The Sky This Week : June 17 – 24, 2014 !

The Sky This Week, 2014 June 17 – 24

Celestial sights for the shortest nights.
The summer Milky Way from Cassiopeia to Sagittarius
imaged from Morattico, Virginia

The Moon spends the week wandering through the star-poor constellations in the early morning sky.  Last Quarter occurs on the 19th at 2:39 pm Eastern Daylight Time.  Luna won’t encounter any bright objects until the pre-dawn hours of the 24th, when her waning crescent will be just over two degrees to the south of bright Venus in the gathering morning twilight.

This week we experience the shortest nights of the year as we mark the summer solstice at 6:51 am EDT on the 21st.  At this time the center of Old Sol’s disc stands directly above the Tropic of Cancer over the border between Libya and Chad on the African continent.  Here in Washington we will experience 14 hours 54 minutes of daylight for most of the week before the length of day begins to slowly recede.  Thanks to our planet’s elliptical orbit our latest sunset won’t occur until the 28th.

You’ll have to stay up pretty late in order to take advantage of the Moonless skies around the time of the solstice.  Even though the Sun sets at around 8:37 pm the end of evening astronomical twilight doesn’t occur until two hours later.  However, it’s worth your while to wait for darkness if you happen to be in a good dark location well away from city lights.  Summer is the season to enjoy the panoply of the brightest stretches of the Milky Way, our home galaxy, which arches across the sky during the darkest hours.  By 1:00 am the densest part of the galaxy straddles the southern horizon as we peer toward its core some 30,000 light-years away in the direction of the constellation of Sagittarius.  The galactic center itself is hidden from our direct view by dense clouds of stars and associated star-stuff.  While they cloak the Milky Way’s core with mystery, they are wonderful targets for binoculars and small telescopes.  I have spent many hours in a beach chair poking around these star-filled regions with a simple pair of binoculars marveling at the vast numbers of faint stars that form the galaxy’s soft glow along with the bright knots of star clusters and faintly glowing gas clouds known as “nebulae”.  On very clear nights it is also interesting to look at the spaces where the stars appear absent.  These “dark nebulae” are actually cold clouds of gas and dust that contain the building blocks of new stars, planets, and even life forms.  Exploring the Milky Way is always a highlight of my summer vacation.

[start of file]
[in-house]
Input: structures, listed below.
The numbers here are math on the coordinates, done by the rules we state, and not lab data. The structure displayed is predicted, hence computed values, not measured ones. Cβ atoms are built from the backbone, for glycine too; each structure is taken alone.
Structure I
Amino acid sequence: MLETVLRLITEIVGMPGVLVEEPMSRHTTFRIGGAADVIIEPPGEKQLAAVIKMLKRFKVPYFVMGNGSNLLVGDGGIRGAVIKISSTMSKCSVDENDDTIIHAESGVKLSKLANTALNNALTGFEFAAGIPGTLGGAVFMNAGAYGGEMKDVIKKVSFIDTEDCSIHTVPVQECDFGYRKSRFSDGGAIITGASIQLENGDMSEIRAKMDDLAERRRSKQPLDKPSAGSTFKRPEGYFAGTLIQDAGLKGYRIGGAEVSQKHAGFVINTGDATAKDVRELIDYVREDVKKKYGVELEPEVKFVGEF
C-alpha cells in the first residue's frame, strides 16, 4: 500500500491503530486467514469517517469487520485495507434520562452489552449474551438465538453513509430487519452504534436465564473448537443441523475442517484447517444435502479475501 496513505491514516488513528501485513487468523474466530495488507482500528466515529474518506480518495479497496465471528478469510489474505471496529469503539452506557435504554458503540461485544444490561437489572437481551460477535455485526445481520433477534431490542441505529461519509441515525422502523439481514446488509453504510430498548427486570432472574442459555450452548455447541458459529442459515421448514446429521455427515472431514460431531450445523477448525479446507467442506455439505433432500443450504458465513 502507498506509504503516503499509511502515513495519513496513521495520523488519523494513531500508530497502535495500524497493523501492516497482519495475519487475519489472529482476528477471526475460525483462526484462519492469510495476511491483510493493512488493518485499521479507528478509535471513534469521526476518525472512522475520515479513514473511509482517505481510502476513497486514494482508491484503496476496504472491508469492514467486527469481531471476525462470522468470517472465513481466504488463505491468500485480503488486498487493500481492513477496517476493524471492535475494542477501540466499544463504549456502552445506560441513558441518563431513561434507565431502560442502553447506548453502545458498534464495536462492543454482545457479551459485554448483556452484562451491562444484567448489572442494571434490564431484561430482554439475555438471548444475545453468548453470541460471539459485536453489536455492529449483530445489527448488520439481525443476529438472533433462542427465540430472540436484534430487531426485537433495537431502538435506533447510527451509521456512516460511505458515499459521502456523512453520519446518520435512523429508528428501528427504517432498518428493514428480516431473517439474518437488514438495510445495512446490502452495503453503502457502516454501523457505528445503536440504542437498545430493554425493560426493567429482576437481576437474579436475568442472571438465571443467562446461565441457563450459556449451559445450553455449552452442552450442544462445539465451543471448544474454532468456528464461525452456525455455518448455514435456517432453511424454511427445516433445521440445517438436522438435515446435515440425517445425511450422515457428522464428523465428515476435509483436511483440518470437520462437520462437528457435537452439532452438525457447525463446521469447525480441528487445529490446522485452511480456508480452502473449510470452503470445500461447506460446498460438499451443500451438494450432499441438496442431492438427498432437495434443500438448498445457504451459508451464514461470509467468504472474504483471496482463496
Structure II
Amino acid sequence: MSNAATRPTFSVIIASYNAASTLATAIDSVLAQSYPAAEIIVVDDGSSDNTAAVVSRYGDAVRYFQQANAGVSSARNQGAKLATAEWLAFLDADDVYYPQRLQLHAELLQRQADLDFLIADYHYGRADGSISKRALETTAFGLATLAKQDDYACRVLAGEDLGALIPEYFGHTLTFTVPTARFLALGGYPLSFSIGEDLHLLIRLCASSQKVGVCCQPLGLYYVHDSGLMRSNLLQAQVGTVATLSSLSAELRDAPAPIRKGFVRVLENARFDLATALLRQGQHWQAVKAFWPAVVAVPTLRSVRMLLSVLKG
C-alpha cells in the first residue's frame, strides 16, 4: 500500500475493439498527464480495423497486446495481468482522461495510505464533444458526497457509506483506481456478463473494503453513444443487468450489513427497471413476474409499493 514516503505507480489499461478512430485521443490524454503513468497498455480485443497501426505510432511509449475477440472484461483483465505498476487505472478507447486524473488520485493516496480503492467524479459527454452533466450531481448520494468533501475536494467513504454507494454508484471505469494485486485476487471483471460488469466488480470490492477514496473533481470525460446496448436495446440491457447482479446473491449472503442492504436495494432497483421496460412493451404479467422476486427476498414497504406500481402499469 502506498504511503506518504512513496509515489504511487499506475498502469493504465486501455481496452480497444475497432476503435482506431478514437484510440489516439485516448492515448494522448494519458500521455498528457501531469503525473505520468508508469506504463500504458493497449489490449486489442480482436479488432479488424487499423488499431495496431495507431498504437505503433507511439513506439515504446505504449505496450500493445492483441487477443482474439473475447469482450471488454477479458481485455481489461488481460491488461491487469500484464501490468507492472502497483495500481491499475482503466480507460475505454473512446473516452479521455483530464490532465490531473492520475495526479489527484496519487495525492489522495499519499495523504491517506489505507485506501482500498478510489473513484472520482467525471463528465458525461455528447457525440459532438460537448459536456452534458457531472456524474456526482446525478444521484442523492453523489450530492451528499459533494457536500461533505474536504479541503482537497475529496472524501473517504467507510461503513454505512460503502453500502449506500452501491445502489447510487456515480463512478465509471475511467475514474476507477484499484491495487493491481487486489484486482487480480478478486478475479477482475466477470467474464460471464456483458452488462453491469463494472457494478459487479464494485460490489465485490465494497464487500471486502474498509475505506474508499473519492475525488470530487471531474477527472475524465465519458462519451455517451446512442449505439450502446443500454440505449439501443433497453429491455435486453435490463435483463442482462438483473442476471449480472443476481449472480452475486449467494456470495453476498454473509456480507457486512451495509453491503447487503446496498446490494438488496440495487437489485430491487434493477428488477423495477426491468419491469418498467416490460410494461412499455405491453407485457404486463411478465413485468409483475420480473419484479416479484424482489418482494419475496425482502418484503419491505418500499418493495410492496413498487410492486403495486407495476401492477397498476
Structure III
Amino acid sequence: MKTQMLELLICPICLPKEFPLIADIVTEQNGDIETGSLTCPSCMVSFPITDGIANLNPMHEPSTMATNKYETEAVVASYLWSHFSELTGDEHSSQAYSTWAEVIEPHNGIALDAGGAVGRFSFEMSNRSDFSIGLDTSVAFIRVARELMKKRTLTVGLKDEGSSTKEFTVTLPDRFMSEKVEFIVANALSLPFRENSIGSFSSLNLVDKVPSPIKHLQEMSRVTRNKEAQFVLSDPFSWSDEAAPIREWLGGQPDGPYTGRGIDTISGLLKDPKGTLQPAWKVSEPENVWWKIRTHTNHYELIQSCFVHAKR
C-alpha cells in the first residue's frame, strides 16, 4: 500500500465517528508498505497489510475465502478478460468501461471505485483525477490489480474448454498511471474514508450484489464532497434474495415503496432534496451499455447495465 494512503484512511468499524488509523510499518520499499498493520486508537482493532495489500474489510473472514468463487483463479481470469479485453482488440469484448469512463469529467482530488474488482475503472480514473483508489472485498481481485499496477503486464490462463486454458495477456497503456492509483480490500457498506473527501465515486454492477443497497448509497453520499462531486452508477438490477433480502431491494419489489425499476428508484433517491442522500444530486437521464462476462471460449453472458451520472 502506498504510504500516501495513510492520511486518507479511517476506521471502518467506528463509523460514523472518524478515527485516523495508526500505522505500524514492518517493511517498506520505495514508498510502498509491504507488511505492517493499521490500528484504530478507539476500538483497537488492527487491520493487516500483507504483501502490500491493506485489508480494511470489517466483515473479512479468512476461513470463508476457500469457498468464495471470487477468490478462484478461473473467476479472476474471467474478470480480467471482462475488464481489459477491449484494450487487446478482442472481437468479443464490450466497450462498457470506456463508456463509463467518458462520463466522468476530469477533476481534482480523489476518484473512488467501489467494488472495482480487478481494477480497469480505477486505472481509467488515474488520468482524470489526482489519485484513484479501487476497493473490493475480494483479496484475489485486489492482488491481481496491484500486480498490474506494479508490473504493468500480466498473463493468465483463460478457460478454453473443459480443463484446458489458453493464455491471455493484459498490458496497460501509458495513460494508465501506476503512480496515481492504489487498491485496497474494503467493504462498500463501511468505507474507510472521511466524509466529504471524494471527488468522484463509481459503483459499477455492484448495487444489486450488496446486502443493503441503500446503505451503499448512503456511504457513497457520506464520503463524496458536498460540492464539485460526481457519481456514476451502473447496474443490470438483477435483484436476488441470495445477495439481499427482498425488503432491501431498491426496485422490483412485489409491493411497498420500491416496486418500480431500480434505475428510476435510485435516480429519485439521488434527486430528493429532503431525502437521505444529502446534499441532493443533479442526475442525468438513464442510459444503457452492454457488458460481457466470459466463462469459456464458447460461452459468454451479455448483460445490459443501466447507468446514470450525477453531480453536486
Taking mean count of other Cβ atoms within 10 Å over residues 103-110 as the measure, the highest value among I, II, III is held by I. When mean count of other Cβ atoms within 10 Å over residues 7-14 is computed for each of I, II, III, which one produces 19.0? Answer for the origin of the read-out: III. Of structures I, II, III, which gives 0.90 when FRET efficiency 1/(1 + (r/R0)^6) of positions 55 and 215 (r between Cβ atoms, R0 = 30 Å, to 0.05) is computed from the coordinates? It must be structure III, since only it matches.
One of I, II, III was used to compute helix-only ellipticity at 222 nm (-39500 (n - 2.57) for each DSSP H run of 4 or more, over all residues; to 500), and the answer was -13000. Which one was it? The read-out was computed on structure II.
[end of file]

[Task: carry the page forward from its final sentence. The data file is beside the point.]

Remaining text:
The early summer evenings are still dominated by the glimmer of three bright planets, but one of them is rapidly leaving us.  Giant Jupiter, which has dominated the night sky since the beginning of the year, is now just weeks away from conjunction with the Sun.  Old Jove still shines brightly in the west as twilight deepens, but he now sets just after 10:00 pm.  He still shines at a bright -1.8 magnitude, and he seems to be bidding me farewell when I set my telescope up in the front yard, shining through a gap between the houses across the street.  About all I can see of him now is his undulating disc and the fuzzy blobs of his four bright Galilean moons.

Mars is also a bright object that’s hard to miss.  You’ll find the red planet in the southwestern sky as twilight deepens and ends, betrayed by his distinctive ruddy hue.  Mars is picking up speed as he wends his way eastward along the ecliptic and closes in on the bright blue star Spica.  Once he passes the star in another couple of weeks he will begin a rapid dash along the ecliptic in a race with the encroaching Sun.  He’ll pay a call on many of the bright stars of summer as he lingers in the southwest for the rest of the year.

Saturn is now the planet of choice for the small telescope owner.  He transits the meridian just after 10:00 pm, so he’s well-placed for viewing during “prime-time”.  Saturn’s rings are now generously tipped toward our line of sight, and a telescope of four inches or more aperture will show the dark gap known as Cassini’s Division that separates the outermost ring from the brighter inner one.  This division is an actual gap that’s about as wide as the diameter of Mars; it is caused by a gravitational resonance with the innermost of Saturn’s larger moons.  Any telescope should show the planet’s brightest moon Titan, but you’ll need six or more inches to spy many of the smaller ones.

Venus gets a visit from the thin crescent Moon by the week’s end.  For the next couple of month she will rise at the beginning of morning twilight, so you will have to seek her in a brightening sky.  Fortunately she stands out quite well under these conditions, so you shouldn’t have any trouble spotting her other than waking up before sunrise!


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